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Cybersecurity for Financial Services Firms

FINRA, the Financial Industry Regulatory Authority, has long issued compliance guidelines related to the electronic storage of records; following rules issued by the Securities and Exchange Commission (SEC).  In the beginning, these compliance guidelines were mainly meant to allow for the retrieval of un-altered records should an examiner need to audit a transaction.  Now, however, FINRA is taking a look at these guidelines to combat another threat – cybercrime.

SEC Rule 17a-4(f) allows for the electronic storage of records, as long as those records cannot be altered or erased.  This was initially interpreted as a ‘write-once, read-many’ requirement (which was therefore very specific in terms of how to comply), but the SEC subsequently clarified the rule to allow any combination of hardware and software to be used that achieved the same result.

Noting that these records are not only critical to the ability of a financial firm to survive after a cyberattack, but that a cyberattack may destroy the reference data examiners may someday require.  FINRA is adding a ‘survivabilty in the case of a cyber-attack’ component to determining whether a financial firm complies with SEC Rule 17a-4(f).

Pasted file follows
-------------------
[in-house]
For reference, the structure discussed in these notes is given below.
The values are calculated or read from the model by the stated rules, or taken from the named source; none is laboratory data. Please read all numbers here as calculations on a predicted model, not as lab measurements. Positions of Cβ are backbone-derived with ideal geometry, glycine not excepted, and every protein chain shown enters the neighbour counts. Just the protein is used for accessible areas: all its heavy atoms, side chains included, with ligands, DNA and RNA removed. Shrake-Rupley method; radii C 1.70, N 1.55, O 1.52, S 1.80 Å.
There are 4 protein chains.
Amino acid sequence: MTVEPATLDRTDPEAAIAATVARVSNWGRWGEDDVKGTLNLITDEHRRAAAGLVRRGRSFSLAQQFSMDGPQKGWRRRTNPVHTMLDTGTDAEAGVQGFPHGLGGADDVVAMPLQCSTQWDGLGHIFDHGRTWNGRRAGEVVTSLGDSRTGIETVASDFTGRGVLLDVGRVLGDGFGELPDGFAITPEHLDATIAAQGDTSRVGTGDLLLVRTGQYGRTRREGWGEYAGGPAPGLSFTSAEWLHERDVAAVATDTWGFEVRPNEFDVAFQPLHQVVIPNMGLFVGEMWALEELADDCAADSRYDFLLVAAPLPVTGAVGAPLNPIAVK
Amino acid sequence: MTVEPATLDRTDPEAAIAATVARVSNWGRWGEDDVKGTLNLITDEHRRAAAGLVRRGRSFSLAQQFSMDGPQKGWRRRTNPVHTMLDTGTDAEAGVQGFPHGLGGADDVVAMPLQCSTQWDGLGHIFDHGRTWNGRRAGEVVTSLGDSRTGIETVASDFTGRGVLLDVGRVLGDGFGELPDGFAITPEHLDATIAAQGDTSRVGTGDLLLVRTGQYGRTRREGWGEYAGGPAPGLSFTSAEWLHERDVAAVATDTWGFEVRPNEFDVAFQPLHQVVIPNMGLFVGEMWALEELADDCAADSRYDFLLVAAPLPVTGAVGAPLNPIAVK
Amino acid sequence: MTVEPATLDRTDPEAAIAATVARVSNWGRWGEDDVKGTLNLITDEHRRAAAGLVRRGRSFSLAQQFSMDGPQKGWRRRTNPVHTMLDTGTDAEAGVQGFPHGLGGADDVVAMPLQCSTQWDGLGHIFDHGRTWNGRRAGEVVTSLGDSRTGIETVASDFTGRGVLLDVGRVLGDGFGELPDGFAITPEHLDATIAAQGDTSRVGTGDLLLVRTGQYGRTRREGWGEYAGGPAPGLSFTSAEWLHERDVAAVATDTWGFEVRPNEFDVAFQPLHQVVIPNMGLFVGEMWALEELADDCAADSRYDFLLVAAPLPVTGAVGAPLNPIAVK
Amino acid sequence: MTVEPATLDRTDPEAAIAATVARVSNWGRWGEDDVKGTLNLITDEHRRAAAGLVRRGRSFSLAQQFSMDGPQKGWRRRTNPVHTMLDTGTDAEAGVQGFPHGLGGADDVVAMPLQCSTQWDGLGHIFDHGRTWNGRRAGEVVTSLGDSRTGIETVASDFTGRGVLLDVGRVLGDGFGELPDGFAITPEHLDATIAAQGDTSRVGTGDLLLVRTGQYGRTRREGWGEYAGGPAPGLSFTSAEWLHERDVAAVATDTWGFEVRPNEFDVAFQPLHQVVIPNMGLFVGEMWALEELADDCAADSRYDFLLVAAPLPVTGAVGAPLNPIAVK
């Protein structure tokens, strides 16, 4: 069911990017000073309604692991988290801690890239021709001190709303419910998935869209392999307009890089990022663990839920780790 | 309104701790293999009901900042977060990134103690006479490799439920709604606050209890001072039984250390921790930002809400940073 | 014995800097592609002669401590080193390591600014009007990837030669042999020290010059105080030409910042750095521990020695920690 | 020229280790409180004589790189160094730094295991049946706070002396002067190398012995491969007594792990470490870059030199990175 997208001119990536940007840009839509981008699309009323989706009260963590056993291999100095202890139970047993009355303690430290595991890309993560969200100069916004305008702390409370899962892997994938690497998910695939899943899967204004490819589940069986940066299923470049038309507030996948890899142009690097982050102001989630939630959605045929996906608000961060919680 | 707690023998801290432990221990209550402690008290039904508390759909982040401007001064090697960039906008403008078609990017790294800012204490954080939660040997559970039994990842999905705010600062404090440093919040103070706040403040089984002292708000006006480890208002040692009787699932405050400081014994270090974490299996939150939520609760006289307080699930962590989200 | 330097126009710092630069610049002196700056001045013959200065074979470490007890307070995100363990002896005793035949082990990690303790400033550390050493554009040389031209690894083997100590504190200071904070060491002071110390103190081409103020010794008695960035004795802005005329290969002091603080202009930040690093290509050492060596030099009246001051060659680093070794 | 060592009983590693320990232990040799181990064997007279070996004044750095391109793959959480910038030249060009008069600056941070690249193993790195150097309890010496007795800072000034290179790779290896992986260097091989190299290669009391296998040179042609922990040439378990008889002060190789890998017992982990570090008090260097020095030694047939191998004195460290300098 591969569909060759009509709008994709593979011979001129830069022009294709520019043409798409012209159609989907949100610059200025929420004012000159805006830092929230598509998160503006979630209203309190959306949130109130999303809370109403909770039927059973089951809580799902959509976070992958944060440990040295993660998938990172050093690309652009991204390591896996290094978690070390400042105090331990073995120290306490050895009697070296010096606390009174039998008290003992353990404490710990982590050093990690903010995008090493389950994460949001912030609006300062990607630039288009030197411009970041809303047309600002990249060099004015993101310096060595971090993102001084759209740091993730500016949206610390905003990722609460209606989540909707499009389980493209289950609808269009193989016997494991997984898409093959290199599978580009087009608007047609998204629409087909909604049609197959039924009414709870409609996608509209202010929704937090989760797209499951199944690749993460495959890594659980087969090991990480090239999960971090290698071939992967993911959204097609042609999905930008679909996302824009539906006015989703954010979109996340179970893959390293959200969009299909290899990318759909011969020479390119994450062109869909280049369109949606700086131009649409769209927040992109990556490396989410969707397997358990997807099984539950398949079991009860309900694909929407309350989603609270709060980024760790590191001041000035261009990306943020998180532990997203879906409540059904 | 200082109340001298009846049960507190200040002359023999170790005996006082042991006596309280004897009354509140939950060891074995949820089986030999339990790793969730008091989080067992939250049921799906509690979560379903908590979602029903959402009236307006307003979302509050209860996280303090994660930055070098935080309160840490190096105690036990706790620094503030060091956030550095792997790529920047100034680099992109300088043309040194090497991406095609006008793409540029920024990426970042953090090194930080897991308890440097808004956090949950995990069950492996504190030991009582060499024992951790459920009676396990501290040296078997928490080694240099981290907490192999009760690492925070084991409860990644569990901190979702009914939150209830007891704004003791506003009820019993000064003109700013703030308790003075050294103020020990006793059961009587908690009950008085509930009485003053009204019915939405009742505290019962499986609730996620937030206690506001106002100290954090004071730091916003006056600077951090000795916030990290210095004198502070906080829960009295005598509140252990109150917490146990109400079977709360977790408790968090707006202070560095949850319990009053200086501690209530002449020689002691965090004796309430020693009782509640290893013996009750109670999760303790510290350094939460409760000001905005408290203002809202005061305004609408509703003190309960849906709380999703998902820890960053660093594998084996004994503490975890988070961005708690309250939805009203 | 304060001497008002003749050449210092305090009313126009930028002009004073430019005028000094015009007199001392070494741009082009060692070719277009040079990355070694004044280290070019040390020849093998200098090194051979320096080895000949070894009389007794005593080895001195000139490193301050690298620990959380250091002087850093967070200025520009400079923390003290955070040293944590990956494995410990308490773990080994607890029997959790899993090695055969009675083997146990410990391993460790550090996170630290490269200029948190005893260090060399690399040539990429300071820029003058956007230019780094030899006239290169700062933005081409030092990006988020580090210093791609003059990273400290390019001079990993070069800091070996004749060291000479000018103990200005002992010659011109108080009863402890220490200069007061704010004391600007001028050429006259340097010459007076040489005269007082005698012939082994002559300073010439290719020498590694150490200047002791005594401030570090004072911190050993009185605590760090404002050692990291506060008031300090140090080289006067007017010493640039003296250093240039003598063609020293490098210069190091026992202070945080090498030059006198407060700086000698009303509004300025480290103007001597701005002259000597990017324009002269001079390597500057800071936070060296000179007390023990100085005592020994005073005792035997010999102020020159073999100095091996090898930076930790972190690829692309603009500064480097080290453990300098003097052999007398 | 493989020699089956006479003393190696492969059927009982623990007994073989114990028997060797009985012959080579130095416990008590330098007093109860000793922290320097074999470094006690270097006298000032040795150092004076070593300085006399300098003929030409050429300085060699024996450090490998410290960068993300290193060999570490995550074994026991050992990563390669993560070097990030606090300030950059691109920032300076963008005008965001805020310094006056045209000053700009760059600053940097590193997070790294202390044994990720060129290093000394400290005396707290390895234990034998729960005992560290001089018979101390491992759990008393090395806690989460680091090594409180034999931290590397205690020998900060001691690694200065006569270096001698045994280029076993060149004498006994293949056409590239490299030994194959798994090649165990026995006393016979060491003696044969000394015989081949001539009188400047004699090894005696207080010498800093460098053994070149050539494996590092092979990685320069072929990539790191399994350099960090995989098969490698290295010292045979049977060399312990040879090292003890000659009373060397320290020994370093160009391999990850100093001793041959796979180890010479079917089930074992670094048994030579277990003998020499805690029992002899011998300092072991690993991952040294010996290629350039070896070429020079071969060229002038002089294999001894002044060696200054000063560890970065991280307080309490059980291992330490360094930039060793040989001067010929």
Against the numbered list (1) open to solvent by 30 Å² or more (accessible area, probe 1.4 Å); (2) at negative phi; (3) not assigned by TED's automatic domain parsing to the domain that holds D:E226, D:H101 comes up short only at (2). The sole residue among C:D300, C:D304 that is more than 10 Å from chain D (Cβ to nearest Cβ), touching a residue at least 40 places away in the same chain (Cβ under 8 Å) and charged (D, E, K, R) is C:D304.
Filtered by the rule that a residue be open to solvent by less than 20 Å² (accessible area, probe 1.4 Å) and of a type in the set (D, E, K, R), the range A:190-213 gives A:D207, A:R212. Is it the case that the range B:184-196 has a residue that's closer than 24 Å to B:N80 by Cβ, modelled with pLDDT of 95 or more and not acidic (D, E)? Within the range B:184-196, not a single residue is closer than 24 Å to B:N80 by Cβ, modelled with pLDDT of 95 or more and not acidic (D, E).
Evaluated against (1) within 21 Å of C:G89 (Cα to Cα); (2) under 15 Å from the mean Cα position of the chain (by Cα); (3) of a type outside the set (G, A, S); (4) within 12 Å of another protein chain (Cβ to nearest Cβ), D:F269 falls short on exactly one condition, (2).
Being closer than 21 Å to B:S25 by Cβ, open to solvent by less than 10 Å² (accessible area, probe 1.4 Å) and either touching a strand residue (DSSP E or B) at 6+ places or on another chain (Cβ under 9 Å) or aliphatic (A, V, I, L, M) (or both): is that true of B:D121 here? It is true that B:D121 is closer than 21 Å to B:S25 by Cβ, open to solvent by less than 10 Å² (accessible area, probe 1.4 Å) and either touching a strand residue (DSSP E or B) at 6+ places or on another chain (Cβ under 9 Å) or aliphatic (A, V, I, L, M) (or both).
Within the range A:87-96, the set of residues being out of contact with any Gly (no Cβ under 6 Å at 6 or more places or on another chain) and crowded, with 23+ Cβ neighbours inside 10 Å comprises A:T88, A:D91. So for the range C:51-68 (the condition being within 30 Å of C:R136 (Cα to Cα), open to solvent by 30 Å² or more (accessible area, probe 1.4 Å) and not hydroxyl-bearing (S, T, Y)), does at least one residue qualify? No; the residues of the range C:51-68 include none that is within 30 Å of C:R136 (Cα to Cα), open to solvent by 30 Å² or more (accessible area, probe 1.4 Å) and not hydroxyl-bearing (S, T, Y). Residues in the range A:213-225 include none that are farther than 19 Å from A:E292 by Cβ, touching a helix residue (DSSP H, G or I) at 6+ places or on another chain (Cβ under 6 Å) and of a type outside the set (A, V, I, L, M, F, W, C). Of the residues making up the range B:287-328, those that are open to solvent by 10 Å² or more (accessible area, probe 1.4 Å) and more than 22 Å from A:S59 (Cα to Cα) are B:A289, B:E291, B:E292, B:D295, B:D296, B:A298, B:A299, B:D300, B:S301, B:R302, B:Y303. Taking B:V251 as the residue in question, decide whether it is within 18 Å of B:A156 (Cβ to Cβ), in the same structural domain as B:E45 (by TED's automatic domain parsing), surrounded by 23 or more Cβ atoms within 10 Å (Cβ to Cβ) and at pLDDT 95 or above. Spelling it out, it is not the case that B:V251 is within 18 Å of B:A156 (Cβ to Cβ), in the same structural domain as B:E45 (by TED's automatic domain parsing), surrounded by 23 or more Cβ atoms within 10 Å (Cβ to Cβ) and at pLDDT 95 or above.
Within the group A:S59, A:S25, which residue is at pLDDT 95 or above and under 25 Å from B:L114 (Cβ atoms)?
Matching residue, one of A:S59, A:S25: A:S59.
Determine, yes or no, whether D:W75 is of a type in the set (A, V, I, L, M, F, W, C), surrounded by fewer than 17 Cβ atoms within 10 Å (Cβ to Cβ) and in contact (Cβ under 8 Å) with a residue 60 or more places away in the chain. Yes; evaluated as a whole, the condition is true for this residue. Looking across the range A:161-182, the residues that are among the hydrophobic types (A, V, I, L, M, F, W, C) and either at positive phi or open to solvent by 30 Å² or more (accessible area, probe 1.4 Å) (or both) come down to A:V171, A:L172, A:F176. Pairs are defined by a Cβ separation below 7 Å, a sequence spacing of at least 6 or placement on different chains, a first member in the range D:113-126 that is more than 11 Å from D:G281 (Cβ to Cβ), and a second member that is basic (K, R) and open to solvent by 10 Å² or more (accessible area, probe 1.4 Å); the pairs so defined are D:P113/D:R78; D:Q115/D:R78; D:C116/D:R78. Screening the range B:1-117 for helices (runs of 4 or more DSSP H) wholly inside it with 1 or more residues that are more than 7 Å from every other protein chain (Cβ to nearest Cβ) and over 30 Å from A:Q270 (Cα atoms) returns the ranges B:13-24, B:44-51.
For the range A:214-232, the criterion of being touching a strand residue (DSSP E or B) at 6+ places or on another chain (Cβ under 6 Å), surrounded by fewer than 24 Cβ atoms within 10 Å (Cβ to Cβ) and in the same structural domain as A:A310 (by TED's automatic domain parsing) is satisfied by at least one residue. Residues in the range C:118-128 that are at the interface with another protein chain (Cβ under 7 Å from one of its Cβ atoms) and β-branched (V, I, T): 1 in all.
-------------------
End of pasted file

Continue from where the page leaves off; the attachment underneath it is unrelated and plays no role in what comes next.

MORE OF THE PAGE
FINRA also began a broader study in 2014 to understand the cyberthreats faced by their members, and the current responses to those threats.  The study included a review of the firm’s governance structures related to cybersecurity, and the use of risk assessments and understanding the results of those risk assessments.  FINRA is expected to issue their report in 2015.

This fits in with the growing general awareness of vulnerabilities from cyber threats.  Regulated financial firms have specific requirements due to the nature of the industry, and in transaction-based financial environments they fully understand that even a few moments of downtime can cripple a firm.  But many of the basic best-practices apply as well:  robust backup systems, offsite storage and retrieval, and system monitoring.

Sound Technology Services specializes in those systems for all industries, including financial services.  FINRA-regulated firms, large or small, may not be compliant if you haven’t visited this topic recently.  And looking forward, FINRA’s survivability interpretations may align requirements with best-practices from other industries.

FINRA-regulated firms should contact us to learn about the latest technologies that provide compliance, continuity, and security.

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